Seizure disorders or any conditions that increase the risk for seizures.Bupropion use includes a small risk of experiencing seizures, so any condition that also increases this risk can raise that possibility to dangerous levels.
Liver or kidney impairmentDosage adjustment may be required in those with kidney or liver impairment, as the levels of bupropion in the body may increase to dangerous levels.
Pregnancy or breastfeedingThere is a possible risk to the fetus or infant when a pregnant or nursing mother, respectively, is taking bupropion. That is because the medication crosses through the blood in pregnancy and breastmilk in those that are breastfeeding. The actual risk to the fetus or infant is unknown, so it is, in general, best to avoid bupropion use when either pregnant or breastfeeding.
Those undergoing abrupt discontinuation of alcohol use or benzodiazepinesThe abrupt discontinuation of alcohol or benzodiazepines can increase the risk of seizures, so it is best to avoid bupropion during this period of time to reduce the chance of this occurring.
Bupropion vs Bupropion XR
Both of these medications have the same active ingredient, bupropion, but the difference is in they are released into your body. The XR stands for “eXtended-Release”, and it does just that; the medication is released into your body more slowly. This generally allows you to take fewer doses per day. The non-XR bupropion releases its medication relatively quickly into your body, which means that the drug will disappear from your blood more quickly. To maintain a stable amount of drug in your body for it to have its proper effect, you then have to take another dose later in the same day, taking two tablets per day. With XR medication you typically only have to take one tablet per day. This works the same way in the body but is far more convenient for you, especially when this medication is taken long term.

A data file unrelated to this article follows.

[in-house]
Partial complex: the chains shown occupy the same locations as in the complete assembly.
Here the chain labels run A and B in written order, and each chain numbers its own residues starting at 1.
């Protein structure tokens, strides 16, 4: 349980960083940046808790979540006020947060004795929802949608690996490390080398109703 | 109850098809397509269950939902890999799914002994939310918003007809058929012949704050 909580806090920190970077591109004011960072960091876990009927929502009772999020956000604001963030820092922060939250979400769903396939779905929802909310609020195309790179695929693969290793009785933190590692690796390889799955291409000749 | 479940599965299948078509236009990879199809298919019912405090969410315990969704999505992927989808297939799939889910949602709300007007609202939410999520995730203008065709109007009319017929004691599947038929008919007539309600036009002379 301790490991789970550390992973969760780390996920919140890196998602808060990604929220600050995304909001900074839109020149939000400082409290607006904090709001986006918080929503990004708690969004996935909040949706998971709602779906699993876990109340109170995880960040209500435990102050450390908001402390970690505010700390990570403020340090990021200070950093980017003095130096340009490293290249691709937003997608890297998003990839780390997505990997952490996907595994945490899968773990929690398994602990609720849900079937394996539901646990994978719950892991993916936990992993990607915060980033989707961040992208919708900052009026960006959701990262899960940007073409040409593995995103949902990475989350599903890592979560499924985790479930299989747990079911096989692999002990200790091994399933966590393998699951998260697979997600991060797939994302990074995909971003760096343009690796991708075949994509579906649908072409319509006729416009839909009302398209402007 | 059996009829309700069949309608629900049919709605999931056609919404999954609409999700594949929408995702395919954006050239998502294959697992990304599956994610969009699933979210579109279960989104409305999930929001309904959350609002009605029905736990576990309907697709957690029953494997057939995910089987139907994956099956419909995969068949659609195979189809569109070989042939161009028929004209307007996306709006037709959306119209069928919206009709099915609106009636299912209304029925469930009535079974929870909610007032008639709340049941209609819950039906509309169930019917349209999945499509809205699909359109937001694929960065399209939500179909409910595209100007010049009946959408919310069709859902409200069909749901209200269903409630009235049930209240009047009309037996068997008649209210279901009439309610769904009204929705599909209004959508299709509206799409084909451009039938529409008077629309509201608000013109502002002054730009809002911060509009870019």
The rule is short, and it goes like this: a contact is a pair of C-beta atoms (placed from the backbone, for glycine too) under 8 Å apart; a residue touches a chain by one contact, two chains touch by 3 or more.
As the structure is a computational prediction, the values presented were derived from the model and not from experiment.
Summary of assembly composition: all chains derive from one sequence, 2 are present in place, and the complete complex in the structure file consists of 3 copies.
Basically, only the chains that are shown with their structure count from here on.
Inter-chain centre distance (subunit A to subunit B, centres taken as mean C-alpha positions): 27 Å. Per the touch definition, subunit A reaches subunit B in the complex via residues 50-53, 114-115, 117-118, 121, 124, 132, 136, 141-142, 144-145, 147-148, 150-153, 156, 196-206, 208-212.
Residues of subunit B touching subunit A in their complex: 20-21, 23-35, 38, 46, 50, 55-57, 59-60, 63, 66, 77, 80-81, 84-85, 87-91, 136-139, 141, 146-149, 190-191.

This also means that it is very important for you to NOT split or crush any medication that is listed as extended release. The way that an XR medication works depends on the way the tablet is structured. Breaking or crushing this medication will cause a rush of medication into your body that only lasts a short period of time. This will increase side effects and likely deem the medication ineffective.
How Much Does Bupropion Cost?
At your typical pharmacy, a 6-month supply of bupropion can cost you anywhere from $90 to $835. This is hugely variable and may not affordable for most people. Bupropion is on Marley Drug’s Wholesale Price List, which is $70/year or $37 for 6 months. Our Wholesale Price List includes more over 100 generics at fixed pricing: $70/year for each medication.
How can we price our medications so low? Part of this comes from getting your medication in longer supply and another part from avoiding the involvement of insurance companies. Getting your medication in longer supply allows you to reduce the number of the pharmacy’s dispensing fees you have to pay. Cutting out insurance plans also allows you to avoid the massive cost increases that typically come at the step of insurance companies. This gets your medication costs as low as possible to be the most affordable for you.
To learn more about how you can get your bupropion prescription from Marley Drug, just call us at 1-800-810-7790.
Prices mentioned in this article are based on average retail price at major box chain pharmacy in the U.S. as of August 31, 2022.
- Zyban (bupropion) – Access data FDA-Approved Drugs [Internet]. [Amended 05/2006; accessed 08/2022].
- e-CPS: The Compendium of Pharmaceuticals and Specialties: The Canadian Drug Reference for Health Professionals (https://www-e-therapeutics-ca). Accessed 2022-08-31.
- Lexicomp: Evidence-Based Drug Information (http://online.lexi.com). Accessed 2022-08-31.
- Zyban: generic bupropion – GoodRx (https://www.goodrx.com). Accessed 2022-08-31.v
- Wilkes S. The use of bupropion SR in cigarette smoking cessation. Int J Chron Obstruct Pulmon Dis. 2008;3(1):45-53. doi: 10.2147/copd.s1121. PMID: 18488428; PMCID: PMC2528204.